The Real Deal New York

Dakota co-op chief sells apartment for $27.5M

January 14, 2014 12:15PM
By Katherine Clarke

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Ydessa Hendeles and the unit at 1 West 72nd Street

Ydessa Hendeles and the unit at 1 West 72nd Street

Investment banker and philanthropist Bruce Barnes, head of the co-op board at the Dakota on the Upper West Side, has sold his three-bedroom apartment at the famed building for $27.5 million, according to public records filed with the city today.

The sale comes a year after the unit was pulled from the market. Indeed, the unit went into contract in 2012, but that deal never closed. It had been listed for $29.6 million by Brown Harris Stevens’ broker John Burger that time around.

But it’s unclear whether Burger brokered this most recent sale, which closed on January 7. Neither Burger nor Barnes was immediately available for comment and the property was never relisted.

The buyer of the unit is noted Canadian art collector Ydessa Hendeles, who according to the trade publication ArtNews, is one of the 50 most influential art professionals in the world. Until recently, Hendeles operated a private art foundation in Toronto but the foundation shuttered in 2012. Last fall, Hendeles sold 144 works of contemporary art to the private museum of U.S. billionaire Mitchell Rales for an undisclosed price. A message left at Hendeles’ office was not immediately returned.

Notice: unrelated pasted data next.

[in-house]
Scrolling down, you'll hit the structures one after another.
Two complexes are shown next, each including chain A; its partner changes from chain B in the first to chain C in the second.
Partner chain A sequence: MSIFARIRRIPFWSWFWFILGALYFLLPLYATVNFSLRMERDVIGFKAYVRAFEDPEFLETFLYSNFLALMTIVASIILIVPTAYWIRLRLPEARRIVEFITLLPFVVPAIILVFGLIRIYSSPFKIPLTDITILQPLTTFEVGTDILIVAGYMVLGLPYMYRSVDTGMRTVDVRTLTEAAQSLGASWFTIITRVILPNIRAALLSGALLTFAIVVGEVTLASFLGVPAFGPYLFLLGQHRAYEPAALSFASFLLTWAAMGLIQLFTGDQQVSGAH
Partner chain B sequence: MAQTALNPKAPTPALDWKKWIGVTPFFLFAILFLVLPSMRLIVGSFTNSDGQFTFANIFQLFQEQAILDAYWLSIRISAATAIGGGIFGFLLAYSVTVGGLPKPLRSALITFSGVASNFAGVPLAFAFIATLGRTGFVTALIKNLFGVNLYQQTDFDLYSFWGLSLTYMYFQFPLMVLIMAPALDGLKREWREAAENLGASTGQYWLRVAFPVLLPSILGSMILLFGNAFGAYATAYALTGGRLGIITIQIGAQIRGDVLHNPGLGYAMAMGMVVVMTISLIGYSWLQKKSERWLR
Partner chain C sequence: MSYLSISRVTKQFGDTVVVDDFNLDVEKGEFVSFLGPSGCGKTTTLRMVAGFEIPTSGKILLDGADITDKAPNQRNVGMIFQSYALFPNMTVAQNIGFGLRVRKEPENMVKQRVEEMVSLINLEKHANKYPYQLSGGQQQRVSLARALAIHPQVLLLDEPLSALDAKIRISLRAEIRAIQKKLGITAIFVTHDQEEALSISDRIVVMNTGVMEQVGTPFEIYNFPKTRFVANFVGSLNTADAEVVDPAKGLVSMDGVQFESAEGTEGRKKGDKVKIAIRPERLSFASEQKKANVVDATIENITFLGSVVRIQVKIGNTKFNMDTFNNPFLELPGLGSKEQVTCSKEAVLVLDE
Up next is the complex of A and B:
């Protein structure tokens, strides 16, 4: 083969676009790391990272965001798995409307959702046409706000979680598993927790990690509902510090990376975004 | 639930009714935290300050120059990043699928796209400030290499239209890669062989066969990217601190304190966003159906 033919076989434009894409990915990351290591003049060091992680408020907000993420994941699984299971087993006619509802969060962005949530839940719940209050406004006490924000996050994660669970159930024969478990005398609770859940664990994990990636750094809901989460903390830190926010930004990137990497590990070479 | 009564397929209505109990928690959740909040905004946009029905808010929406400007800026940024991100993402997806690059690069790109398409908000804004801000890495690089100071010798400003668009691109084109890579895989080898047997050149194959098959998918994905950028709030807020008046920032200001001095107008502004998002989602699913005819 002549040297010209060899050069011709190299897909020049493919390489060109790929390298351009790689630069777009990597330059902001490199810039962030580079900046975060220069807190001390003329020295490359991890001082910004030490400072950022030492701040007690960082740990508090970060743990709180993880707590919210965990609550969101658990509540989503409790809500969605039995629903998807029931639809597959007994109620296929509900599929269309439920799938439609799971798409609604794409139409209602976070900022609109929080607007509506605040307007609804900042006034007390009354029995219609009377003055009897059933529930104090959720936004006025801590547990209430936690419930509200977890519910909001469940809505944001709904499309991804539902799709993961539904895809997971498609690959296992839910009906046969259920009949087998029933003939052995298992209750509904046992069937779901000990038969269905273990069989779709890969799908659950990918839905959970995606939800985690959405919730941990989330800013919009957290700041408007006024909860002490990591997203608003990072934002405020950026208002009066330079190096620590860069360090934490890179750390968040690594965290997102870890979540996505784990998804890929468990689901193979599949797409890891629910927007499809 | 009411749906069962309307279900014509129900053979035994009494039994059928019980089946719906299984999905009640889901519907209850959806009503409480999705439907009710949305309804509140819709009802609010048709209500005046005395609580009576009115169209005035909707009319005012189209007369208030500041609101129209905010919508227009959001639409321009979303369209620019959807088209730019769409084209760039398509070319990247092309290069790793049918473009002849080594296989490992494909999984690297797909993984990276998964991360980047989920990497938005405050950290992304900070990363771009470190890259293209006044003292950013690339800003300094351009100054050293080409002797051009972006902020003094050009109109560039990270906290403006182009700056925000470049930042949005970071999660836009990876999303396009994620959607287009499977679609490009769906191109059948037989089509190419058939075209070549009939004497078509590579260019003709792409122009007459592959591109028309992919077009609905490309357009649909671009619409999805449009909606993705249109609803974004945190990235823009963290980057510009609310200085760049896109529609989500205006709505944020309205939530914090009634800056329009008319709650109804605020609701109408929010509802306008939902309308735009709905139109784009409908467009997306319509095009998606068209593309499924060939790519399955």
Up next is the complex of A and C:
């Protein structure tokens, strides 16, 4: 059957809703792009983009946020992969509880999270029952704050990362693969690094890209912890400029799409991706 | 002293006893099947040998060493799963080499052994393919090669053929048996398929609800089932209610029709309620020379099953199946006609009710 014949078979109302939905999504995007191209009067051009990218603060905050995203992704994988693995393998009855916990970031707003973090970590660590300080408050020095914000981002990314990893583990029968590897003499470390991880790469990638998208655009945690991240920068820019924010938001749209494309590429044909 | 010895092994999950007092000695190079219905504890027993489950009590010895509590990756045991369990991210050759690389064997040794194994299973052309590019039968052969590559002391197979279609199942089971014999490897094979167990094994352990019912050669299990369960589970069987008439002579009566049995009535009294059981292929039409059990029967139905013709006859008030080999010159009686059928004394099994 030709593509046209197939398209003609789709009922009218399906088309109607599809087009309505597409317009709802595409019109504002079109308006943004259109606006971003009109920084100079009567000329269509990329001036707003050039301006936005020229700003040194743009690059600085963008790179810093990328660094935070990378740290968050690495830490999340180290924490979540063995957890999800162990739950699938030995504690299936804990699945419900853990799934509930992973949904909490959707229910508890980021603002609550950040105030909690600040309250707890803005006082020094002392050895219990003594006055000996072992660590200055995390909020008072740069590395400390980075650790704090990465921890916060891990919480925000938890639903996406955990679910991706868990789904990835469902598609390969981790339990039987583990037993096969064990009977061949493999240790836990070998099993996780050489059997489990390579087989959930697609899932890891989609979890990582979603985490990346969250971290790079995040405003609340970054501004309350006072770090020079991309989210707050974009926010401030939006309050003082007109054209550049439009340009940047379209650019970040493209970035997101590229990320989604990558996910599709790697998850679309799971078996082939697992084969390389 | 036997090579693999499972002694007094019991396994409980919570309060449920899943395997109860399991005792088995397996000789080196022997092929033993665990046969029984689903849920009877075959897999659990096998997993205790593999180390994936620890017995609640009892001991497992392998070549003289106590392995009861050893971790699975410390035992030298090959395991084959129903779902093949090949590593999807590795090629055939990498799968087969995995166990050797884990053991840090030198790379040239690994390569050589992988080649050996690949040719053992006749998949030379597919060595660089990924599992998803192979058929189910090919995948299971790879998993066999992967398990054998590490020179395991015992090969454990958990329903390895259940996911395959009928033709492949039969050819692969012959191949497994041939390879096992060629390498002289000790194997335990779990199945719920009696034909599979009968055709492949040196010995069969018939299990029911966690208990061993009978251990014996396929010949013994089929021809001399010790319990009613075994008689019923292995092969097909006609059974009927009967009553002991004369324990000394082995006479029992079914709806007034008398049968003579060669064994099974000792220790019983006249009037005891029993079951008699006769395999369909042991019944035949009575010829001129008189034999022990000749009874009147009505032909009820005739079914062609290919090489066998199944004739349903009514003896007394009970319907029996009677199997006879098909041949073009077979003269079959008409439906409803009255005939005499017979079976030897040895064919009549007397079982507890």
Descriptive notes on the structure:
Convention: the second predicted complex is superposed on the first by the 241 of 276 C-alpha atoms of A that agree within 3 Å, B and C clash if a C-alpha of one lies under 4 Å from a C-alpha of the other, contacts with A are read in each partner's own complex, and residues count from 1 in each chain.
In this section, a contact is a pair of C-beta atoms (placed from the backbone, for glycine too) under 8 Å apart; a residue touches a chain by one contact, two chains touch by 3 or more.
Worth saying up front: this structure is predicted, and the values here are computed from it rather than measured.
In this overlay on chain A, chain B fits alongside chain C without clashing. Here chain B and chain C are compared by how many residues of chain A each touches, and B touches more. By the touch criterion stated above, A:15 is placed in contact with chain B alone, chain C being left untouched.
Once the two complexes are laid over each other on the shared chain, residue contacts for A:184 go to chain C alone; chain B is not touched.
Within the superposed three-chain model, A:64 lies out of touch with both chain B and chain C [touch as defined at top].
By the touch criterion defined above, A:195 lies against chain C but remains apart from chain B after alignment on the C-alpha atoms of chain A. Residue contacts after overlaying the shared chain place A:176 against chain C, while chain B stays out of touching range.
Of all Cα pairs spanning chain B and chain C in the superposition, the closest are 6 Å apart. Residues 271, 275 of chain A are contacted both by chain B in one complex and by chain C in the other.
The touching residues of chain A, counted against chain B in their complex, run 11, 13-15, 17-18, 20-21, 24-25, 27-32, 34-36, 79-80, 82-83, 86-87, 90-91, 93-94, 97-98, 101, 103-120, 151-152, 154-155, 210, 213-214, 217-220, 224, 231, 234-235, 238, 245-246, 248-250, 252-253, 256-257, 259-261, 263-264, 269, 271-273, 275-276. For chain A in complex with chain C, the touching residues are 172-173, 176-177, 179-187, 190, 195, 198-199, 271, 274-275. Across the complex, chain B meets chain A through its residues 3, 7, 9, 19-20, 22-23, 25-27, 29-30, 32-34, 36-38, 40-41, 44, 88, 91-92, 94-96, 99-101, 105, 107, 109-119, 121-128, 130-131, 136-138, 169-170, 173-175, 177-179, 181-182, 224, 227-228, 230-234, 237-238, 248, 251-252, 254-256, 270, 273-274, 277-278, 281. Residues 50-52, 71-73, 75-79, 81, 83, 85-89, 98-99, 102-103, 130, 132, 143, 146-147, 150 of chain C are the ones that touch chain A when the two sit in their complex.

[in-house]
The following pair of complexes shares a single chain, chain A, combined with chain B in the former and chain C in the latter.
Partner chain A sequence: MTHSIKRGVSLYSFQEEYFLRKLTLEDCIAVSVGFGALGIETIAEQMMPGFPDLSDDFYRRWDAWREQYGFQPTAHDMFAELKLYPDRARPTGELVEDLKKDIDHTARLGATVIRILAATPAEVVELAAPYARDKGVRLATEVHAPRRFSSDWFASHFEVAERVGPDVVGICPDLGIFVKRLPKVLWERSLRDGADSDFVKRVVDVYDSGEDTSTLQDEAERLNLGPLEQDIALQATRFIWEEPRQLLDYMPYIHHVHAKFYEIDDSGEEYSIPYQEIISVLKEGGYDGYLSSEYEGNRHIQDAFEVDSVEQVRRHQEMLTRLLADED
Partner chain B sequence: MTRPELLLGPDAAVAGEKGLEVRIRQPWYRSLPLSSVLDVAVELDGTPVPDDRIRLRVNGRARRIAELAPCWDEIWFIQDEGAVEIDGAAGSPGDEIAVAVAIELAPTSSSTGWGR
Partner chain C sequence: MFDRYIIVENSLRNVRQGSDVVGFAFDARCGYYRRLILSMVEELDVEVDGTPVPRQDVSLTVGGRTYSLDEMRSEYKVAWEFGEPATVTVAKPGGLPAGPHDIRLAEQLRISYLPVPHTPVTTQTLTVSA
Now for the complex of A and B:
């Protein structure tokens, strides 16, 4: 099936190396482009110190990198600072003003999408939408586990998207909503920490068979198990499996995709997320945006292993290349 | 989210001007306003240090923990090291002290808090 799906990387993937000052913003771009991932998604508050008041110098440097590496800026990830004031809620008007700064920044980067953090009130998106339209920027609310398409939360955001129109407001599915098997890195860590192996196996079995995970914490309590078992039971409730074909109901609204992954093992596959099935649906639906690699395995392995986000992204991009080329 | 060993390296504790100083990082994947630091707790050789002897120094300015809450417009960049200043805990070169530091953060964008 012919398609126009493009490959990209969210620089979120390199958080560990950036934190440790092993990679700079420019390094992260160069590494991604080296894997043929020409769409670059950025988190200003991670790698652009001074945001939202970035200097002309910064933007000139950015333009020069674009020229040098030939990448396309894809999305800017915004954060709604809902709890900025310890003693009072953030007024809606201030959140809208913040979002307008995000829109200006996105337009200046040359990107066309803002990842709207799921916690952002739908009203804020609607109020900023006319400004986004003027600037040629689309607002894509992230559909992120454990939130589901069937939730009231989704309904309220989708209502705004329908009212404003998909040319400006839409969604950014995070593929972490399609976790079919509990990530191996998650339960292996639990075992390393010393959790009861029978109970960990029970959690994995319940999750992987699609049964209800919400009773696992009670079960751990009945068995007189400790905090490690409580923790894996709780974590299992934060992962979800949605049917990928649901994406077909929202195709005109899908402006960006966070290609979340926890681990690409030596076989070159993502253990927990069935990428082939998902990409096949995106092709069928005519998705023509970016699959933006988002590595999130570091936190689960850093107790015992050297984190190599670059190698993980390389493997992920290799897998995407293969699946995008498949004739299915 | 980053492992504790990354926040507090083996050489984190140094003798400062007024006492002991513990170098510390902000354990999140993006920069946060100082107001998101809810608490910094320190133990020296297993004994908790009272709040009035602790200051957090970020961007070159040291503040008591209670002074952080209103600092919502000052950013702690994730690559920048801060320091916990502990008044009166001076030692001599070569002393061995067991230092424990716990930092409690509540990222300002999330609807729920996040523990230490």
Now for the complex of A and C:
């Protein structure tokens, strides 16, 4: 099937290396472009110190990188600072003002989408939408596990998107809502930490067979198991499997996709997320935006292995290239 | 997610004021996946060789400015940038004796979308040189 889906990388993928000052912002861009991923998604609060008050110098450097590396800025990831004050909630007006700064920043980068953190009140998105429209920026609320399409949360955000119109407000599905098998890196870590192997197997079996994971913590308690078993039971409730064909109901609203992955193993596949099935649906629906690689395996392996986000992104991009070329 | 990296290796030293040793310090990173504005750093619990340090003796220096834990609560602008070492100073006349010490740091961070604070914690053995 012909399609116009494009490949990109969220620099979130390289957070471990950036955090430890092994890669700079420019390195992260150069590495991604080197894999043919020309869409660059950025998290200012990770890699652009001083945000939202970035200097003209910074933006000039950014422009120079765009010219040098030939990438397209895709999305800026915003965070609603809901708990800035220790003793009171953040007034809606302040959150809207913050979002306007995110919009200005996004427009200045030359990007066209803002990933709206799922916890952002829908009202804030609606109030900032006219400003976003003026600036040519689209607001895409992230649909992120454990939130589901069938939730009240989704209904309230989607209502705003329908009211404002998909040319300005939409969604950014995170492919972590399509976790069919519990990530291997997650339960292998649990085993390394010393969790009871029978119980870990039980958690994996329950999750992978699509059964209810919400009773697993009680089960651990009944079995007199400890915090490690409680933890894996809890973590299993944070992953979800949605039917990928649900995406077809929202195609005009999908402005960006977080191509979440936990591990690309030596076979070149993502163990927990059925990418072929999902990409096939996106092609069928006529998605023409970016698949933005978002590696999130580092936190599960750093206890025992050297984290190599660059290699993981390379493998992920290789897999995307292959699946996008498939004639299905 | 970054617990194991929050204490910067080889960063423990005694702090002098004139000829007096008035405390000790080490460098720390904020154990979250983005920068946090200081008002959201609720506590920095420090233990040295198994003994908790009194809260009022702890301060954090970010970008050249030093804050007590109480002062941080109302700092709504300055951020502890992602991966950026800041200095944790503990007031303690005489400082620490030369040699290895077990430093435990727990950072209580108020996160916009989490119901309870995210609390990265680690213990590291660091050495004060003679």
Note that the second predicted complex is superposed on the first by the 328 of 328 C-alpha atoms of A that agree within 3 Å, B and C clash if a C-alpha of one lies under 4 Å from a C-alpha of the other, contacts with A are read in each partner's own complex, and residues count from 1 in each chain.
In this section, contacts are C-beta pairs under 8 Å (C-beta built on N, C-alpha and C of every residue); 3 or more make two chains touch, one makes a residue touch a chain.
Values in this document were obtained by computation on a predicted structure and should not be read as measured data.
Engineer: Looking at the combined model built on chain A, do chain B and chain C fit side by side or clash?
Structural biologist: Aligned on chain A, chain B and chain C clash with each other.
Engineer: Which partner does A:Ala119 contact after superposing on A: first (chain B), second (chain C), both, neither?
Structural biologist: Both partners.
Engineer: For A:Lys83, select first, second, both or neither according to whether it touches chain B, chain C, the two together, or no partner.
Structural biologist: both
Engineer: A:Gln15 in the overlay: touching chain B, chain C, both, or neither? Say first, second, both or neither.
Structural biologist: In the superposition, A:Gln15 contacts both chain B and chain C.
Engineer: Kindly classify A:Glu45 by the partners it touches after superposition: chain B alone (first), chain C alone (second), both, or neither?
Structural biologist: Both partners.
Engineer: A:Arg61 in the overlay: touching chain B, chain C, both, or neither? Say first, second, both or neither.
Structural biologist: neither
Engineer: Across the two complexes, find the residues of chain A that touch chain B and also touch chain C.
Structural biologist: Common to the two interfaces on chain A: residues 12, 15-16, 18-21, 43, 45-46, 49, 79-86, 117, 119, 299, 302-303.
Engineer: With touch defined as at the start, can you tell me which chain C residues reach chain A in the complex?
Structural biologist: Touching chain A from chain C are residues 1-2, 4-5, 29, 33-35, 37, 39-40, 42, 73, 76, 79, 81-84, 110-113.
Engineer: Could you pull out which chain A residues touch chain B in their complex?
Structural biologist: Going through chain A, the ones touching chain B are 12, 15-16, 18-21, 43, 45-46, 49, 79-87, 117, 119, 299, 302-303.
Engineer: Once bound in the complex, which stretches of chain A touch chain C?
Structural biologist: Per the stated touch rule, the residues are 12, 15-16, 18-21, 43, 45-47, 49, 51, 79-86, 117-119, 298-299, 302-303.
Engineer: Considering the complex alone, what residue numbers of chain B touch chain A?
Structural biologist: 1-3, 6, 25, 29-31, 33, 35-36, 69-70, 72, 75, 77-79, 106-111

The property features 12-foot ceilings, 19th-Century moldings and seven wood-burning fireplaces, according to the 2012 listing. It also has a 24-foot Central Park-facing library, and two balconies.

The Dakota, the courtyard of which was the site of the murder of Beatles legend John Lennon, is also home to Lennon’s wife Yoko Ono as well as to actress Lauren Bacall and singer Roberta Flack, according to previous news reports.

Barnes’ tenure as co-op board president was not without incident. In 2011, he and his fellow board members faced a lawsuit from resident Alphonse Fletcher, who is black, claiming that the board’s decision to deny him the right to buy a second apartment in the building was racially motivated. The tussle is still ongoing.

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